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FBI suspects 5G conspiracy motivated Nashville Christmas Day bomber

FBI suspects 5G conspiracy motivated Nashville Christmas Day bomber

Police close off an area damaged by an explosion on Christmas morning on December 25, 2020, in Nashville, Tennessee. A Hazardous Devices Unit was en route to check on a recreational vehicle which then exploded, extensively damaging some nearby buildings. According to reports, the police believe the explosion to be intentional, with at least three injured and human remains found in the vicinity of the explosion. | Terry Wyatt/Getty Images

Nashville bomber Anthony Quinn Warner may have been motivated to bomb a downtown AT&T store on Christmas because of 5G conspiracy theories, a source involved with the FBI said.

An anonymous source close to the investigation told WSMV News that FBI agents are now investigating whether Warner believed in 5G conspiracy theories.

The source said investigators suspect Warner believed 5G was responsible for all deaths in the Nashville region and that he would be hailed as a hero after his death.

Nashville realtor Steve Fridrich confirmed some of the claims of the anonymous source. He said that FBI agents asked him if Warner had ever told him about paranoia over 5G technology. Fridrich employed Warner for several years as an information technology subcontractor.

“Nice guy. You know, he was a techie guy — don't mean anything negative about that. He would do this thing and leave. He didn't bother anybody. He did his thing and leave,” Fridrich said to WSMV.

Wireless network technologies, including 3G, 4G and 5G, send radio signals so computers, phones and other devices can connect to the internet. As the newest network technology, 5G can use a wider range of radio signals to send information. This ability makes the network faster and more efficient.

Many online conspiracy theories that gained popularity during the pandemic claim that 5G endangers people around the world. Some claim 5G causes COVID-19, will control people's minds through microchips or is a tool to spy on people.

There have been instances of conspiracy theorists destroying cell phone towers or attacking 5G installers to prevent the installation of 5G technology.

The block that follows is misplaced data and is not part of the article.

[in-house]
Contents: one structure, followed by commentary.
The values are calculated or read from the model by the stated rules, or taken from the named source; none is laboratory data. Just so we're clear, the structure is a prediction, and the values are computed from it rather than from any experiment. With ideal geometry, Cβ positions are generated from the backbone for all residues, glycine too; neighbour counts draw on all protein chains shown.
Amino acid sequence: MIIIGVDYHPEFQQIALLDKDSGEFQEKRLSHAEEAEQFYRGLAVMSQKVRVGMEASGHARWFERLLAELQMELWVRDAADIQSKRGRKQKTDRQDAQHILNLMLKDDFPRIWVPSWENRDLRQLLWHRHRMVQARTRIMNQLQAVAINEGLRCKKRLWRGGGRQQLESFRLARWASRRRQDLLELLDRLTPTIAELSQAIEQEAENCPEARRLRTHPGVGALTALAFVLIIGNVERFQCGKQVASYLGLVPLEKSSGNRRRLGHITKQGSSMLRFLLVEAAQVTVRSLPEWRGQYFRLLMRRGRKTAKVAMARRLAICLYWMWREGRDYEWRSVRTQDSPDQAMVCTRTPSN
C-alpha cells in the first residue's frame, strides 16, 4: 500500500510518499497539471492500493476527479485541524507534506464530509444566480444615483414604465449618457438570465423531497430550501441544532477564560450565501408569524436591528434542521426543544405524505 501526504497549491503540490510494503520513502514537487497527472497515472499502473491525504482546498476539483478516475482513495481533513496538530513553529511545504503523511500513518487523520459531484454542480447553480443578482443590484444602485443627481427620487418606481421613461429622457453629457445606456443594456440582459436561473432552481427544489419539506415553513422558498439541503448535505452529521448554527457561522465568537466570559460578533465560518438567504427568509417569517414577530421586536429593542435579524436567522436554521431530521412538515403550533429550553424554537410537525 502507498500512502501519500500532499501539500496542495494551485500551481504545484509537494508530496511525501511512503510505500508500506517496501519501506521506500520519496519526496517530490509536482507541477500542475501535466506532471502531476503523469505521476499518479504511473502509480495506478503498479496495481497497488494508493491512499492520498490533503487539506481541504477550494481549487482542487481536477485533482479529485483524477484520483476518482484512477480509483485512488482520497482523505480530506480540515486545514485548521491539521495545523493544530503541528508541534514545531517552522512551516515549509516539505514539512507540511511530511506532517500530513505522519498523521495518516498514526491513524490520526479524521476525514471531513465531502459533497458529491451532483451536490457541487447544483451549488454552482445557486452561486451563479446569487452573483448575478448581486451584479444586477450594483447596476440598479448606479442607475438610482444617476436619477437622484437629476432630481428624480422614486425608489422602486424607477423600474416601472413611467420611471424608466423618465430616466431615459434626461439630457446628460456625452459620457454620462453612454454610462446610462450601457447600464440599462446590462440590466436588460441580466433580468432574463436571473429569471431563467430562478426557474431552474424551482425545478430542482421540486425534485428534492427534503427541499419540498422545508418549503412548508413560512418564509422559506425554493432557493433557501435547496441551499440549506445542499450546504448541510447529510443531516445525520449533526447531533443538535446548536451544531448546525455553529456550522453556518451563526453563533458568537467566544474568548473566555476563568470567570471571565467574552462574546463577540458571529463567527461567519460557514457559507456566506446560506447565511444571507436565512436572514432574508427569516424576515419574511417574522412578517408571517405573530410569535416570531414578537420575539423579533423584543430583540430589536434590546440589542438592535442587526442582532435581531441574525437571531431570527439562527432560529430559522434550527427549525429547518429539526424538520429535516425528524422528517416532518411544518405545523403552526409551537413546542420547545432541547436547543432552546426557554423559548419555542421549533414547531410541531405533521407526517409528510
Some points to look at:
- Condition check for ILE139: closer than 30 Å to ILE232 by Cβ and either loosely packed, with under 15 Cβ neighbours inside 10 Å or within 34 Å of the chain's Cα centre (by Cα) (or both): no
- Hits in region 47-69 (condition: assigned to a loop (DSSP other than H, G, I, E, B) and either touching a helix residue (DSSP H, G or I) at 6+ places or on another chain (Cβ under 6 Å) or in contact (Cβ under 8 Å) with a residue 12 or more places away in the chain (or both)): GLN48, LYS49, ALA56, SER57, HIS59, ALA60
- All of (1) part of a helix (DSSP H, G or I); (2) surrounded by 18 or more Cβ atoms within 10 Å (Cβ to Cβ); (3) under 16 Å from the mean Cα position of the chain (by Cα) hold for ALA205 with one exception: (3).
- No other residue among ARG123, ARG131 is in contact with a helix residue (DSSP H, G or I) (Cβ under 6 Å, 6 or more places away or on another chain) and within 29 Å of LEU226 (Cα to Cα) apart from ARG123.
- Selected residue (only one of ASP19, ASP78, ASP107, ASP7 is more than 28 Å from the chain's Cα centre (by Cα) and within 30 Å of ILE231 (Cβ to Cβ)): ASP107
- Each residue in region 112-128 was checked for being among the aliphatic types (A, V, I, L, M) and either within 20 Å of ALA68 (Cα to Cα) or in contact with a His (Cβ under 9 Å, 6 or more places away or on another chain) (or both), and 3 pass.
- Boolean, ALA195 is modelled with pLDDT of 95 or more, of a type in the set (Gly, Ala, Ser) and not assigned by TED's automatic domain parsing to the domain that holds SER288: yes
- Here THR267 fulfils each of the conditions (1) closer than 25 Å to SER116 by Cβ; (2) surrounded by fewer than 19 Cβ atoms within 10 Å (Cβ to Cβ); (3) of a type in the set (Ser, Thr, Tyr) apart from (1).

Investigators identified the 63-year-old Warner as the suspect behind the bombing that left three injured and dozens of businesses destroyed. The RV that exploded was parked outside an AT&T building.

Warner died in the explosion.

On the morning of the bombing, gunshots or recordings of gunshots were used to attract attention to his RV. Before the blast, the RV blasted speaker audio telling people to leave the area along with snippets of music. A security recording of the blast obtained by news site TMZ records a digital female voice giving warnings.

“If you can hear this message, evacuate now,” the voice said.

The RV also broadcasted music, including selections from Petula Clark’s song ‘Downtown.’

Its lyrics include the phrases, “When you're alone and life is making you lonely/ you can always go downtown” and “So go downtown/ Where all the lights are bright, downtown.”

Warner was unmarried and his neighbors knew little of him. Weeks before his suicide bombing, he started giving away his possessions, told a client he was retiring and told his ex-girlfriend he had cancer. His family was Catholic.

Experts believe he planned and premeditated the attack.

“Here’s what’s spectacularly odd: This might be the most successful attack on our telecommunications infrastructure ever, and it wasn’t by a terrorist group. In fact, it’s not clear that the AT&T building was deliberately targeted,” wrote Jim Geraghty of National Review.

The largest previous attack on U.S. infrastructure happened in April 2013, when unknown persons cut telephone wires and used sniper rifles to destroy power transformers in San José, California. Its perpetrators were never caught.

The attack destroyed several important parts of Nashville’s infrastructure. It affected cell phone service, hospital service and police systems over a wide area. All of Tennessee and some parts of Kentucky and Alabama experienced disruptions.

"I think this is a wake-up call and a warning for all of us about how vulnerable our infrastructure is, how relatively easy it is for a single individual to do this," Frank Figliuzzi said on CBS.

"Now, we've concentrated post-9/11 on getting our hands around all the chemical companies' mass orders of precursors for known explosives, and look what an individual can do on his or her own when they simply amass quantities of things that are under the radar screen," he said.

Figliuzzi said there may be a danger of copycat attacks in the upcoming weeks.

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